Photo: Keith Weller/USDA Agricultural Research Service
Bok choy is hard to mistake for any other vegetable. It’s a leafy cabbage with thick white stalks that sprout up into large green leaves. Even baby bok choy look like miniatures of the regular varietal.
If you’ve never tasted this vegetable, its flavors are subtle with slightly less crunch than celery and many fewer teeth-catching strings. “Unlike so many leafy greens, bok choy doesn’t shrink down to nothing when cooked,” notes a Cooks Illustrated how-to about it. “When cooked fully [it] becomes creamy, with an almost meat-like texture and an underlying sweetness. In contrast, the leaves become tender and soft, having an earthy, robust flavor similar to that of chard or even spinach.”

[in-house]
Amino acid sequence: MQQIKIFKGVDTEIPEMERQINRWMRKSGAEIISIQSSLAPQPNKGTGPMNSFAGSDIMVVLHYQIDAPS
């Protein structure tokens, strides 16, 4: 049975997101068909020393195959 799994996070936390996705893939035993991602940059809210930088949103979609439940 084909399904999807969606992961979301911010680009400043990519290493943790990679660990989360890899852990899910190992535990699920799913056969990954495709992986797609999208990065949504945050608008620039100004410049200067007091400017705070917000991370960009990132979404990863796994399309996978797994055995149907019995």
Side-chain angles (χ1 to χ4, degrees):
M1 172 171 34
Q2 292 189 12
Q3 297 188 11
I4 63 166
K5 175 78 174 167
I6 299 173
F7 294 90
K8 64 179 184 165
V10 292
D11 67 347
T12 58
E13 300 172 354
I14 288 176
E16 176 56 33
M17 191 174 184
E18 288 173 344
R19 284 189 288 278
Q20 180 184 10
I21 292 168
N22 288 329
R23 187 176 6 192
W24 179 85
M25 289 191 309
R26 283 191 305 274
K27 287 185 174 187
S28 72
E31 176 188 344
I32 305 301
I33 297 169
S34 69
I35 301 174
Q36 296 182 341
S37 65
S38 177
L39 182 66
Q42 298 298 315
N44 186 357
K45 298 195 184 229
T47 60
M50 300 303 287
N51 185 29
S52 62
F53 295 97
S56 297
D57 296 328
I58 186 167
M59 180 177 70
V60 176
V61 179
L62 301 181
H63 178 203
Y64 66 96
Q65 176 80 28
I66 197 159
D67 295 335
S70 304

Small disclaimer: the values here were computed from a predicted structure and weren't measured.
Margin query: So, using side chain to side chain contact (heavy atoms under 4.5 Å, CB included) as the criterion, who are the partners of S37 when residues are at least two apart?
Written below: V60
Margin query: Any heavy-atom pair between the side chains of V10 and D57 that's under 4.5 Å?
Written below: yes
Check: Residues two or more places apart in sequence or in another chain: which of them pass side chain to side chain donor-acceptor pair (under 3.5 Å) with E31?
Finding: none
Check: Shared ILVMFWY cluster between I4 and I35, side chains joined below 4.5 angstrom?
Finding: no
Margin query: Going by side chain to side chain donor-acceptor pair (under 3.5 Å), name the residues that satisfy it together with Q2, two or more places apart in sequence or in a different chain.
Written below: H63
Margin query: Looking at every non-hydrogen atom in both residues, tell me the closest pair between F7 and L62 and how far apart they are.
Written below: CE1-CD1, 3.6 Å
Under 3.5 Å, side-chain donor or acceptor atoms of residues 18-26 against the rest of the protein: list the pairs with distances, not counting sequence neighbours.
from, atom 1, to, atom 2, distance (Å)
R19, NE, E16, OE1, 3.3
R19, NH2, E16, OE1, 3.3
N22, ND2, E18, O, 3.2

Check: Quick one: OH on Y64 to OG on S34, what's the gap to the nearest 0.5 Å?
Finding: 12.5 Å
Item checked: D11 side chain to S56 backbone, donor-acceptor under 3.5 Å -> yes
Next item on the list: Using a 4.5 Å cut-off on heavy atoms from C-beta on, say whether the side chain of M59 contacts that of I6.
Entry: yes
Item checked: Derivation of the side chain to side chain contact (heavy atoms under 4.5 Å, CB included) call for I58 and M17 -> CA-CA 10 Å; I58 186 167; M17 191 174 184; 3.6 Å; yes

So what’s the best way to cook it? Fair or not, in my head, bok choy is synonymous with stir-fry. In fact, most dishes this vegetable evokes are of Asian origin. Given the leafy green’s origin itself—it is one of dozens of Chinese cabbages—it makes sense. And it’s not a bad thing in the least.
Start by prepping the cabbage. Cut off the bottom and then separate the leaves from the stalks. Wash everything and let it all air dry or, if you’re crunched for time, pat it dry with a paper towel. Cooks Illustrated recommends saut